the being-meaning link
Parameter of the vehicle-content
1. Hedonism (anandvada)
The work is
The medium is transitive
2. Didactivism (ashayavada)
The work is
3. Formalism (rupavada)
The work is
4. Vitalism (jivanavada)
The work is
The work is
both autonomous and
Given these five positions, I have further argued that they
offer distinct answers to the question – the making of and responding
to a poem obviously has a history, but has the poem (and poetry) as
such got a history?
The hedonist says: A poem has no history, so poetry has no history. Society merely provides the takes for a poem
and thus makes poetry possible. History
at large is no mere than a backdrop.
There is no literary history as such, only literary chronicling.
The didacticst says: A poem has no history, so poetry has no history
of its own. Society constitutes
the conditions of poetry. History
at large is also the history of poetic content, any his poetry being
only a part of general history.
The formalist says: A poem has a history of its own, and of the company
it has kept with other poems. Society
provides the material of vehicle and content.
The history of poetry is the history of successive technical
solutions to stylistic problems.
The vitalists says: A poem has a history of its own, and of the company
it has kept with its recipients.
Society provides the ultimate condition of poetry.
The history of poetry is part of the inner history of man’s
successive soundings of life.
The bipolarist says: A poem is a poem, and not another thing. The making and responding occur within the
cultural envelope of society. The
history of poetry is a history of successive stylistic attempts to
communicate the form imparted to life.
It is a distinct chapter in the inner history of man.
Consequently, some critics (1,2) will accept
only the chronicle, others (3,4,5) will accept both the factual chronicle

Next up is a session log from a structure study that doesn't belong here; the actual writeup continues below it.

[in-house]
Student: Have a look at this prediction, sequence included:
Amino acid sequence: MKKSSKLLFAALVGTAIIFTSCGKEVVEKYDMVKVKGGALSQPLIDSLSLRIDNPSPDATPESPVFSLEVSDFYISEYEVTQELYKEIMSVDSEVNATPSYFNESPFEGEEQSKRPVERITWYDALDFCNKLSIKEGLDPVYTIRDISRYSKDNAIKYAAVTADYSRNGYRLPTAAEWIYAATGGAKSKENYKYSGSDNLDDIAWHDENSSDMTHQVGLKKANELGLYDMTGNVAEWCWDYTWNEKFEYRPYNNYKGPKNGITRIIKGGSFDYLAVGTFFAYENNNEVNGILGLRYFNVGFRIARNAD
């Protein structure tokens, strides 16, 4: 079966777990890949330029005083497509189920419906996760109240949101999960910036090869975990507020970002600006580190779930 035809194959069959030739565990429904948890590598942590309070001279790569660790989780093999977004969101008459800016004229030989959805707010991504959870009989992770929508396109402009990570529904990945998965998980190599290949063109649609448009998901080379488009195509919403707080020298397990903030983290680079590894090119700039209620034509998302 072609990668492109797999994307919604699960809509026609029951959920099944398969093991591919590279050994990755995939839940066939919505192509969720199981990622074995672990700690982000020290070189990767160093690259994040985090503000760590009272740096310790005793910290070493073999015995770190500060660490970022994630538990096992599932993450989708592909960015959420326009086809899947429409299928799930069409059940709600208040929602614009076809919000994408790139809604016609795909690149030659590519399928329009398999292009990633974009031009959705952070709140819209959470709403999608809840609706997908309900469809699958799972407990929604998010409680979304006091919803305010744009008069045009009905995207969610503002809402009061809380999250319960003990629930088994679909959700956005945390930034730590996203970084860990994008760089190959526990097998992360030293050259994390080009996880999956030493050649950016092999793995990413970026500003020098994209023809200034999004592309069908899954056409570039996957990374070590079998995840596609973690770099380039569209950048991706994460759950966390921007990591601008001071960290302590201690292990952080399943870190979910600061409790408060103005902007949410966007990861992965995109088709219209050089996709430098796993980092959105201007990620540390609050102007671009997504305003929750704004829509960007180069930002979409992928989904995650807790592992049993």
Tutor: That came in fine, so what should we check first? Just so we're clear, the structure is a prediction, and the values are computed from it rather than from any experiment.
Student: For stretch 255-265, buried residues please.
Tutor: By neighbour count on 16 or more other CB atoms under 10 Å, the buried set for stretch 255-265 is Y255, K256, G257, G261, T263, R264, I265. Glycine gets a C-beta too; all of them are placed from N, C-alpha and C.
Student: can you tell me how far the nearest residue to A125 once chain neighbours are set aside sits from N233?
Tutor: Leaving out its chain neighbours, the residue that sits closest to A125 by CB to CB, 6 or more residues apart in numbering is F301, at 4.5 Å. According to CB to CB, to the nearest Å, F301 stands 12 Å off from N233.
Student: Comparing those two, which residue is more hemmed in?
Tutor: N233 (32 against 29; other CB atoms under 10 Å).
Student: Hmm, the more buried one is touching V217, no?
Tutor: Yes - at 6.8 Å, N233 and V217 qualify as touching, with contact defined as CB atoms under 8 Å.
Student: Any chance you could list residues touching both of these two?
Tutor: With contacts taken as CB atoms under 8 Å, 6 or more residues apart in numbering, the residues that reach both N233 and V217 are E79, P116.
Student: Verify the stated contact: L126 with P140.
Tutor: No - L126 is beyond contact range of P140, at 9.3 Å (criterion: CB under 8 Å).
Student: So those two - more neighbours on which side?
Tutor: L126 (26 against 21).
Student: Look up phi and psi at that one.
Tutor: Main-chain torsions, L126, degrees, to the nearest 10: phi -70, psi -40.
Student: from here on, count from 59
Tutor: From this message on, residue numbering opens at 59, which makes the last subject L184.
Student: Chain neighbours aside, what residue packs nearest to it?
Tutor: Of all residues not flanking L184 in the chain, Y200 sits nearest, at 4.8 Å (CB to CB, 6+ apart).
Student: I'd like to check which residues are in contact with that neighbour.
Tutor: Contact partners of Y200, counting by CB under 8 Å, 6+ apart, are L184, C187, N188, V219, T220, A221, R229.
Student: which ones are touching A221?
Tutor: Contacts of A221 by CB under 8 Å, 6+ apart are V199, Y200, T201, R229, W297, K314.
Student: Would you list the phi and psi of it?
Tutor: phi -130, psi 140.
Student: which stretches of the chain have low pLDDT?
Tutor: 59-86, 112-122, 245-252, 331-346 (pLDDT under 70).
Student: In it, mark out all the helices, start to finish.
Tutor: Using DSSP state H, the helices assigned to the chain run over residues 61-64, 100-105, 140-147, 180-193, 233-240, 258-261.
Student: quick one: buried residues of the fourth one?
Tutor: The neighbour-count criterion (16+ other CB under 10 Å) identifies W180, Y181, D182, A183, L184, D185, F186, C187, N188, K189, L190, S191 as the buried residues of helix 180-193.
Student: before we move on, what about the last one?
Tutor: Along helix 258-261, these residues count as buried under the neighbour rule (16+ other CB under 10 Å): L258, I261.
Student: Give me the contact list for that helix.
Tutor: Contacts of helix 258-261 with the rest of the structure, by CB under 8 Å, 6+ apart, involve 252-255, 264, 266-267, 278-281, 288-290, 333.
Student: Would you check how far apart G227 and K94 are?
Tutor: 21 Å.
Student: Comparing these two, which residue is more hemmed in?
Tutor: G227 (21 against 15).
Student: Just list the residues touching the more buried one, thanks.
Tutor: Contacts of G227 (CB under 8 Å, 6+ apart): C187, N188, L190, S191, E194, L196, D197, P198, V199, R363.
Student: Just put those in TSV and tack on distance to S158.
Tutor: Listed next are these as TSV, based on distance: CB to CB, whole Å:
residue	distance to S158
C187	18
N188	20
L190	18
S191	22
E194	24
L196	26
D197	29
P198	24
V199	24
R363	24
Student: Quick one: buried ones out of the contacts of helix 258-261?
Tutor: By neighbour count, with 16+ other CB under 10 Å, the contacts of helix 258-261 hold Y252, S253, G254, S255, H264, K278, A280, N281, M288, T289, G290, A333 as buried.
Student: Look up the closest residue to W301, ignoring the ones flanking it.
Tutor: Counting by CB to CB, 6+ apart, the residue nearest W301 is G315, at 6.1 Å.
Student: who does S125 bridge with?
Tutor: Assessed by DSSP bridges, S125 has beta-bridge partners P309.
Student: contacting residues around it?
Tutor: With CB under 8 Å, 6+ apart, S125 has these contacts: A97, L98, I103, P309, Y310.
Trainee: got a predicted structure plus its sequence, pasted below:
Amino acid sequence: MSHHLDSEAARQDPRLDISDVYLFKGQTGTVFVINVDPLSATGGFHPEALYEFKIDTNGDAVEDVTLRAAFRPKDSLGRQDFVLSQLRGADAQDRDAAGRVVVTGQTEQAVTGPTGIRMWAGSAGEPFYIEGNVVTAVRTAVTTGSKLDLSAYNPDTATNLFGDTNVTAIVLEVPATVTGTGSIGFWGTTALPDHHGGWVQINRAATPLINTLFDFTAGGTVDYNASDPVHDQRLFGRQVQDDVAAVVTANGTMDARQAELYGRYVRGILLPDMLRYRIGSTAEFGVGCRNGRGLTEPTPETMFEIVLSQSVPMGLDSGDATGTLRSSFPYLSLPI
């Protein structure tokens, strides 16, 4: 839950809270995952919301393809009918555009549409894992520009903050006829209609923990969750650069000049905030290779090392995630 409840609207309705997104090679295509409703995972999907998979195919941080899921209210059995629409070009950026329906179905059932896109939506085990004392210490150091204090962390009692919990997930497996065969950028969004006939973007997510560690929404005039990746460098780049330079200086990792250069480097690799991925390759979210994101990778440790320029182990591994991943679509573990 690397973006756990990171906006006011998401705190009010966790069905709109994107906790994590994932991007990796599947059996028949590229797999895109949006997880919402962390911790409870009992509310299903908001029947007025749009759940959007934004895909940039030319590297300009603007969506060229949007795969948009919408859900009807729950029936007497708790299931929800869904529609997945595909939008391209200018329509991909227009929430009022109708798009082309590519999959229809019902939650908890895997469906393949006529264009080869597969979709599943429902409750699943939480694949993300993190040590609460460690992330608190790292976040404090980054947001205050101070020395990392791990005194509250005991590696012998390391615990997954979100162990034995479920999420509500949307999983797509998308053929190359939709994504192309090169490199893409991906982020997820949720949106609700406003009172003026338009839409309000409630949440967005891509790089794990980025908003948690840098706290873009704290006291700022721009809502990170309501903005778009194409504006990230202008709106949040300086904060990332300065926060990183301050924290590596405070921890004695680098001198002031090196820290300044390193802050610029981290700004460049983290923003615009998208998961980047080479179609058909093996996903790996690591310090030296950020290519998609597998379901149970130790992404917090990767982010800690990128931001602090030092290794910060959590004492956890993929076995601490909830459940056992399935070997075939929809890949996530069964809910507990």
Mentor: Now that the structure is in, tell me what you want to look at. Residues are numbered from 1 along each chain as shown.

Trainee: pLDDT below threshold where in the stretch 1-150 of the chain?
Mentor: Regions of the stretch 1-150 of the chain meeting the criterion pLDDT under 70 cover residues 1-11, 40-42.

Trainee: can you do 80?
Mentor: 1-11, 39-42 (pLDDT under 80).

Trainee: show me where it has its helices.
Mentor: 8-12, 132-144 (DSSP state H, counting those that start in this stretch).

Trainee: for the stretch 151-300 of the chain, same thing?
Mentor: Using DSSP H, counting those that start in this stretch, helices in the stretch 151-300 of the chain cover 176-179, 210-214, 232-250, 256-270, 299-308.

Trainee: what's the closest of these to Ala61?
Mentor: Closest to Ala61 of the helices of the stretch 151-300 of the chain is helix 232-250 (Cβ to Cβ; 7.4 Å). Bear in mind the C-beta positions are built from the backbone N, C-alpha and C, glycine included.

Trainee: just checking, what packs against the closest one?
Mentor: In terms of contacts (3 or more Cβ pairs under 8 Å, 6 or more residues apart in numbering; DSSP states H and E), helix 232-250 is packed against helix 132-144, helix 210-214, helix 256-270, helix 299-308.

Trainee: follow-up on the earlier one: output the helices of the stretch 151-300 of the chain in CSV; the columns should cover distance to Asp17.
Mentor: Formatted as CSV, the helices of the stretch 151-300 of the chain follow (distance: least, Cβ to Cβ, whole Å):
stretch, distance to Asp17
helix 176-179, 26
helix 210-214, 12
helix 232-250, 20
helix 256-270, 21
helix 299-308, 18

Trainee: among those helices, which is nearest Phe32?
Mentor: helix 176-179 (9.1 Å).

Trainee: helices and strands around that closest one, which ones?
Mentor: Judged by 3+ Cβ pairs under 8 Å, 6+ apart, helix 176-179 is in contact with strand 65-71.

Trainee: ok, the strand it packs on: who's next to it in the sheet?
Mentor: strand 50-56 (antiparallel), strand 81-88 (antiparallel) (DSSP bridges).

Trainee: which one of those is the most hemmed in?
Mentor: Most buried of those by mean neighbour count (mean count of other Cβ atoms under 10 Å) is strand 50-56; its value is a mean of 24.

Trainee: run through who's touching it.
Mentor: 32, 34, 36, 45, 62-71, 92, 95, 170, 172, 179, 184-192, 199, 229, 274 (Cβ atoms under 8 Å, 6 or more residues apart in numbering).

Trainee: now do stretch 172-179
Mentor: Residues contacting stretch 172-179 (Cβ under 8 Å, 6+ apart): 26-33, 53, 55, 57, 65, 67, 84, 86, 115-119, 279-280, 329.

and the interpretative history. Out
of all those (3,4,5) who accept the possibility of history, some (3)
will accept only interpretations that center on the poem itself and
especially the form, some (4) will accept only interpretations that
link the poem to the envelope of making and responding and especially
the content, others(5) will accept all interpretations – intrinsic
or extrinsic, vehicle-oriented or content-oriented.
Those (4,5) that accept extrinsic interpretations linking the
poem to the envelope of making and responding may choose to see literary
history as a series of events with causes and effects (Taine is an
early example) or as a series of acts of work or play with motives
and functions. The ones seek
explanations, the others seek understanding.
In sum, any literary history worth the name
(that is, passing beyond literary chronicling) has to be a critical
history, assuming of course that the critic, not being a hedonist
or a didacticist, is willing to accept the mantle of a literary historian.
Any literary chronicle can provide a foundation to literary
history, has to be based on facts whether comprehensively presented
as a chronicle or sought out with scholarly thoroughness and critical
sense of relevance as one goes along.
The historian of literature is falling back
on the critic’s insight that a literary work invites uniqueness and
that a literary judgments invites participation from other recipients
in spite of its subjectivity. The
only difference between historical criticism and comparative criticism
is that the former compares works within the same tradition along
the time axis and the latter compares works across differing traditions
along the space axis. The historical and the comparative approach
to literature are simply extensions of literary criticism with its
interpretative judgments and evaluative judgments and thus canot escape
critical commitment. They
are not by any means zones in which the dust will one day finally
settle. Rather, being extensions of literary criticism,
they may even shape the course of history – writing literary history
can become a part of making history.
Kelkar, Ashok R.
1983, Kaviteche sāngtepaṇkartepaṇ,
In : Saudaryavichār, Bomby: Mumabai Marathi Sahitya Sangah. Hindi: Kavitā Kuch kahe-Kuch Kare,
Pūravagraha (Bhopal) nos. 56-7, May-Aug. 1983. English: The Meaning
of a poem and the meaning of poetry, unpublished, 1985.
--------- 1988. Greening of art history. Bahuvacana
(Bhopal) no. 1. (An earlier version of section 4 above in relation
to the visual arts.)
This was published in New Quest no.80:89-95, March-April